Food Waste Around the World is a Food Circle project aimed at providing information and raising awareness about food waste. The project is designed as a series of interviews with students coming from different countries, with the aim of understanding how this issue is tackled and perceived around the world. This is made possible thanks to Sapient, the mother company of Food Circle, which, every year, offers internships to students from all around the world creating a unique multicultural environment.
Today we speak with Oscar from Norway!
“Also, if you start educating children, talking about the food waste situation and how important the food is, maybe you can start making a small change”
Hello Oscar! Thank you for participating in this interview series Food Waste Around the World. To start, could you tell me where you are from and a bit about yourself?
Hi! My name is Oscar and I am from a small town near Oslo, in Norway. I studied animation and 3D design and now I am a 3D animator. Right now I am based in Amsterdam for my internship as 3D animator at Sapient.
Nice! What is the food waste situation in Norway?
I read that a single person wastes around 40 kilograms of food per year. Food waste represents a financial loss of 20 billion NOK annually [approximately 2.26 billion USD]. I wouldn’t say it is such a big issue compared to some other countries. The government has been working since 2015 to reduce the amount of food waste as well as the amount produced, and according to some reports, the situation is improving.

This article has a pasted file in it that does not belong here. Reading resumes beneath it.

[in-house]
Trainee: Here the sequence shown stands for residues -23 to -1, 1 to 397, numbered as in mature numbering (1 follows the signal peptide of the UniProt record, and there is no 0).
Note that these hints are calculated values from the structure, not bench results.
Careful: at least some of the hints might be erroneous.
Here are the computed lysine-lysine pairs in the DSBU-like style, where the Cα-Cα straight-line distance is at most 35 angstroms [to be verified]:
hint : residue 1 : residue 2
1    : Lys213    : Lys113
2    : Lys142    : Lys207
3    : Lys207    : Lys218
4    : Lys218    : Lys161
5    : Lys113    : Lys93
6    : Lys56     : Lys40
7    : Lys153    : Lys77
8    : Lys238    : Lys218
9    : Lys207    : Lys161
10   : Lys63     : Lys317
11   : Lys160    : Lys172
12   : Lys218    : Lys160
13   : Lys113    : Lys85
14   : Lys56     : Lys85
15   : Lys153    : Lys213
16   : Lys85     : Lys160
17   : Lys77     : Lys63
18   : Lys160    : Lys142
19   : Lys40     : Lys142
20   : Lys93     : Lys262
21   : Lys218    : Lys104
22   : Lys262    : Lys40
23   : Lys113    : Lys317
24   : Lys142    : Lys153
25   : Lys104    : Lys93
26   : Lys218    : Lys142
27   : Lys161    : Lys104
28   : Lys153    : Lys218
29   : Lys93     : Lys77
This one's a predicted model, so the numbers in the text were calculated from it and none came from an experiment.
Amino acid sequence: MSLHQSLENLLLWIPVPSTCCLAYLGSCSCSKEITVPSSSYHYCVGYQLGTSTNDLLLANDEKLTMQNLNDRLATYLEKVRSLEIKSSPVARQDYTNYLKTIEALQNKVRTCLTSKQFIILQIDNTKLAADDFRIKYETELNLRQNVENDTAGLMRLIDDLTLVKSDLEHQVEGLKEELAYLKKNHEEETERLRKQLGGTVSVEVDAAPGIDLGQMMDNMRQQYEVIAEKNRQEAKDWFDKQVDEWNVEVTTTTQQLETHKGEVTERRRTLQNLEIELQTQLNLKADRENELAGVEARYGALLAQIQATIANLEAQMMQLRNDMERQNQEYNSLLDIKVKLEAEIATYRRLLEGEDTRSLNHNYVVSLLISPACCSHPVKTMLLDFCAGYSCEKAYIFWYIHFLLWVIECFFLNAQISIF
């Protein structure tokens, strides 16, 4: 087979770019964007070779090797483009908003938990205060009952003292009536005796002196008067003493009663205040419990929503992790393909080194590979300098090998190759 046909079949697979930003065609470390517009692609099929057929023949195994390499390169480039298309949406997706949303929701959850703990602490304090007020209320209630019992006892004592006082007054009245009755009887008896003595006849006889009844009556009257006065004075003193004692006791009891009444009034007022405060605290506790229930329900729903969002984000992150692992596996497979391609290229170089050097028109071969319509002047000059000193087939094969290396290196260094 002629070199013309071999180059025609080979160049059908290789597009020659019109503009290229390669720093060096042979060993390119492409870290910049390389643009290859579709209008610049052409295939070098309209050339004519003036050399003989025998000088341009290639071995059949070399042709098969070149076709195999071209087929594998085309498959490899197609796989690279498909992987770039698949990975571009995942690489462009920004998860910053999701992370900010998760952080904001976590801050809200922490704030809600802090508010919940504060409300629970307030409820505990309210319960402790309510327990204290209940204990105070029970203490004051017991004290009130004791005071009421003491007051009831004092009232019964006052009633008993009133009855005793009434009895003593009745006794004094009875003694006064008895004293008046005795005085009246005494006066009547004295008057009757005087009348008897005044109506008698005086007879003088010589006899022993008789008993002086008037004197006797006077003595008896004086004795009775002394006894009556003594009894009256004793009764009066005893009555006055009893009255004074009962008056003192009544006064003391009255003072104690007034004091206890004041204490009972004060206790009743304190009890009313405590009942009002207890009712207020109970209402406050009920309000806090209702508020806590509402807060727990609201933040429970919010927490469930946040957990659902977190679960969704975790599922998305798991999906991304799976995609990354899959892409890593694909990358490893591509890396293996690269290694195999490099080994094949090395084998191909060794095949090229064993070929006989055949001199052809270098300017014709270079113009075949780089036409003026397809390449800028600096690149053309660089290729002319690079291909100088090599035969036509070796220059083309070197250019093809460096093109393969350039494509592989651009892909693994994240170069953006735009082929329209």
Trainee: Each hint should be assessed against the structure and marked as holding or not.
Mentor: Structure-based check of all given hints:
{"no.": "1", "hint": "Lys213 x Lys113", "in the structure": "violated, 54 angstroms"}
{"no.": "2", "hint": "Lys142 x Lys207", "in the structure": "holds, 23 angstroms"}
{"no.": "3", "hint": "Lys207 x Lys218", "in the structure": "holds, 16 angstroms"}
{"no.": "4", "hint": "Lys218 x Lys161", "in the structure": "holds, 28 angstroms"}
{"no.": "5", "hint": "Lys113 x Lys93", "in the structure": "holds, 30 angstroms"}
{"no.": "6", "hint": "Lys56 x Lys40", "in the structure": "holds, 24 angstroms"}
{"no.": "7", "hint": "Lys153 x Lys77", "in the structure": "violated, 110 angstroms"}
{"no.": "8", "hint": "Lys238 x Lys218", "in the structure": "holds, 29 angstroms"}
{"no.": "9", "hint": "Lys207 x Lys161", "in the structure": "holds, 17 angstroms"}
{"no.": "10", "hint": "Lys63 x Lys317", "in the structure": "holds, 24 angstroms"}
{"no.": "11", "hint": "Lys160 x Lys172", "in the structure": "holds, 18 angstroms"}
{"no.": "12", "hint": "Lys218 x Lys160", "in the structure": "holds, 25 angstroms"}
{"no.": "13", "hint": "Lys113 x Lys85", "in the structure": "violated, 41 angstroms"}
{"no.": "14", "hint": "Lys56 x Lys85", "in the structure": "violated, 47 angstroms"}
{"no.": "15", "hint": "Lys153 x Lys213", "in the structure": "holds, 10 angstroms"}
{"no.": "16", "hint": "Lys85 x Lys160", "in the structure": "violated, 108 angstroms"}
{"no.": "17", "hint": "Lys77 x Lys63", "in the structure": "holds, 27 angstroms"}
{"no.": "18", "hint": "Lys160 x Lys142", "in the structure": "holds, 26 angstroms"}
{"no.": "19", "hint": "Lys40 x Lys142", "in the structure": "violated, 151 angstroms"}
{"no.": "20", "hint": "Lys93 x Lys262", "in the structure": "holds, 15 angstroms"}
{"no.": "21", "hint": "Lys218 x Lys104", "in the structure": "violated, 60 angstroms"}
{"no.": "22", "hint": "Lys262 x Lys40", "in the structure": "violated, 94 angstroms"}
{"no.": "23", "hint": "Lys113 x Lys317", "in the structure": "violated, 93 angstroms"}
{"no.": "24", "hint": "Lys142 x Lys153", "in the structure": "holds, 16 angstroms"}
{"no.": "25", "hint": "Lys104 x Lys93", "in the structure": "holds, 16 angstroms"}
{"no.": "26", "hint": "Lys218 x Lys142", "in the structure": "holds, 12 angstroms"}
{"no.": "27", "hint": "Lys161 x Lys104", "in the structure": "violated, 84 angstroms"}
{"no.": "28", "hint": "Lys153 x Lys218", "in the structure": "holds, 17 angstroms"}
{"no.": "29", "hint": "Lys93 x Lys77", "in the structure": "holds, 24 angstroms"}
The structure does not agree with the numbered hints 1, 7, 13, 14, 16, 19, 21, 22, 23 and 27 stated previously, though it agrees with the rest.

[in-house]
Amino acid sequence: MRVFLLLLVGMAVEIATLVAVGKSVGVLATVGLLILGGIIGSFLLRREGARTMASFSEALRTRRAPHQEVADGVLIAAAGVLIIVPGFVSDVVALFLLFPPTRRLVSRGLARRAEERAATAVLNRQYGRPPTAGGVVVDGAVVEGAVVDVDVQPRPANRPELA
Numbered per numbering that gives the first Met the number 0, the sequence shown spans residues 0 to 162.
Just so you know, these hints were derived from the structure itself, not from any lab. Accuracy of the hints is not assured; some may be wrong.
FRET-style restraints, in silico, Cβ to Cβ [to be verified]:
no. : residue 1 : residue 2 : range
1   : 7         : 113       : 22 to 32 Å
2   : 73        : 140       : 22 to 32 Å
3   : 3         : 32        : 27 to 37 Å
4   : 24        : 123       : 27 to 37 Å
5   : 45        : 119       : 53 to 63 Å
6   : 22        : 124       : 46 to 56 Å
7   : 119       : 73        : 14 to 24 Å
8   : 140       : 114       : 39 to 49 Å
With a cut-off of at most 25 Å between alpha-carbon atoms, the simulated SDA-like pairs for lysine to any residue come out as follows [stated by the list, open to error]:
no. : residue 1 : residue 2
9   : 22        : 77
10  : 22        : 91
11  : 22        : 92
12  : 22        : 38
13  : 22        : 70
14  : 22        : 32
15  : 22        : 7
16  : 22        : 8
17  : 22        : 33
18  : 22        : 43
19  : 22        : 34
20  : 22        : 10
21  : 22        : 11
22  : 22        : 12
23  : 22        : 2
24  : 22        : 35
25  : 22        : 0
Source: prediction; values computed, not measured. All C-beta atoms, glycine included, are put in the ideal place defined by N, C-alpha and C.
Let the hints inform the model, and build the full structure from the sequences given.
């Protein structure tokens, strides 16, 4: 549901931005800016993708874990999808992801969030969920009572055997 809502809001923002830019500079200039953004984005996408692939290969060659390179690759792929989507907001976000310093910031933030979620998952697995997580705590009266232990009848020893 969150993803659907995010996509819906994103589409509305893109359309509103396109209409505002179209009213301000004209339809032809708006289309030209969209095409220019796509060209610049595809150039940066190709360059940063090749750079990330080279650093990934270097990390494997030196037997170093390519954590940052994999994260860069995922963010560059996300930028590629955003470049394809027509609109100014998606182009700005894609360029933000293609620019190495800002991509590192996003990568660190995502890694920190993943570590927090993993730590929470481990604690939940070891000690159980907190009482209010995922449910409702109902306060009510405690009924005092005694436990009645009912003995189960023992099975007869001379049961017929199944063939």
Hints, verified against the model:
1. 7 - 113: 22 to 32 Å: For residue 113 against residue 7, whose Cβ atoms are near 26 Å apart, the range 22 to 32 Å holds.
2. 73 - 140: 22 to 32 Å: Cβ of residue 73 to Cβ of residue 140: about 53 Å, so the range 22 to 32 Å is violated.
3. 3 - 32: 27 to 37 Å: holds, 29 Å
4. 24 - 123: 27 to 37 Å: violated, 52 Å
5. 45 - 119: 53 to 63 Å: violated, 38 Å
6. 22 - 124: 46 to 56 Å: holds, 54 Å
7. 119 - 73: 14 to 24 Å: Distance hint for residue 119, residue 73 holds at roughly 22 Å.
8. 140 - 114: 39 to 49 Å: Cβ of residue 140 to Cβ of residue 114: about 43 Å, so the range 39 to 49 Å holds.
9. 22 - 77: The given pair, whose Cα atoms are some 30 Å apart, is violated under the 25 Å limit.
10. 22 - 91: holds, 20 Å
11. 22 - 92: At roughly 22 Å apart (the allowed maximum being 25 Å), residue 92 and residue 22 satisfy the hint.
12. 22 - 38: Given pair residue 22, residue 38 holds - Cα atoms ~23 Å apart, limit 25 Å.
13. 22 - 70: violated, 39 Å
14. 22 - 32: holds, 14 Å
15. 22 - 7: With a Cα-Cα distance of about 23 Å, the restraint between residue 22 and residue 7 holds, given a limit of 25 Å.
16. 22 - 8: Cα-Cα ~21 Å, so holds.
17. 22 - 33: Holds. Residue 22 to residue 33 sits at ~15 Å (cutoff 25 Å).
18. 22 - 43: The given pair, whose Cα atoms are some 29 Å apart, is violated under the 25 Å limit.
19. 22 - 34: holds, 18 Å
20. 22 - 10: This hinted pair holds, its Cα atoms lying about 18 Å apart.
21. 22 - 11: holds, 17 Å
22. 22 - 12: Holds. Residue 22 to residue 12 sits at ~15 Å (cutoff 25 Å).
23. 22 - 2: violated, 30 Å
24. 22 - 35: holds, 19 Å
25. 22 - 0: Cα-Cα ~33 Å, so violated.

I see. Since you are living in Amsterdam, have you noticed any differences in what you see in the Netherlands compared to Norway?
I noticed that in Amsterdam there is more garbage, sometimes more wasted food in the streets, but I think this is related to the fact that it is a bigger city than my hometown. Apart from that, I don’t see much difference.
I see. Are there any NGOs, organizations or other initiatives currently tackling the food waste issue?
There is the Food Bank rescuing food, fruits and vegetables that would otherwise be wasted. I know also there is the app called Too Good To Go, which saves food and meals from being wasted.
Two new app platforms are helping to tackle food waste in Norway. One, called Bestfør.no, aims to help retailers identify food nearing its “best by” date so the store can act quickly to reduce prices or donate the food. Another initiative is called Foodlist, which works to connect grocery stores directly to consumers for quick purchasing, or to charities that will take the donation.
It is great that there are so many initiatives! Who do you think is more aware of the importance of the food waste issue, the younger or older generation?
Generally, most people are aware, but I would say that young people are more aware while older people don’t really care that much.
Are the mainstream media driving attention to this issue?
No, I wouldn't say so, not that I have noticed anyway.
Oh, I see. What do you think would be the next step to fight this issue? Should action stem from the population, in a bottom-up approach, or top-down, from the government?
I believe that raising awareness, or providing information about the food waste problem, so people would start talking and thinking about it is crucial. At this level, the most important step is to educate people about things like how to better conserve fruits and vegetables, and not to throw away food purely on the grounds of the expiration dates. Organizations should educate people that, even though, for example, eggs expired three days ago, you can still eat them.
Also, if you start educating children, talking about the food waste situation and how important the food is, maybe you can start making a small change.
Interviewer: Andrea Di Bernardo
Interviewed: Oscar Tunal
Organizations mentioned in the interview: Too Good to Go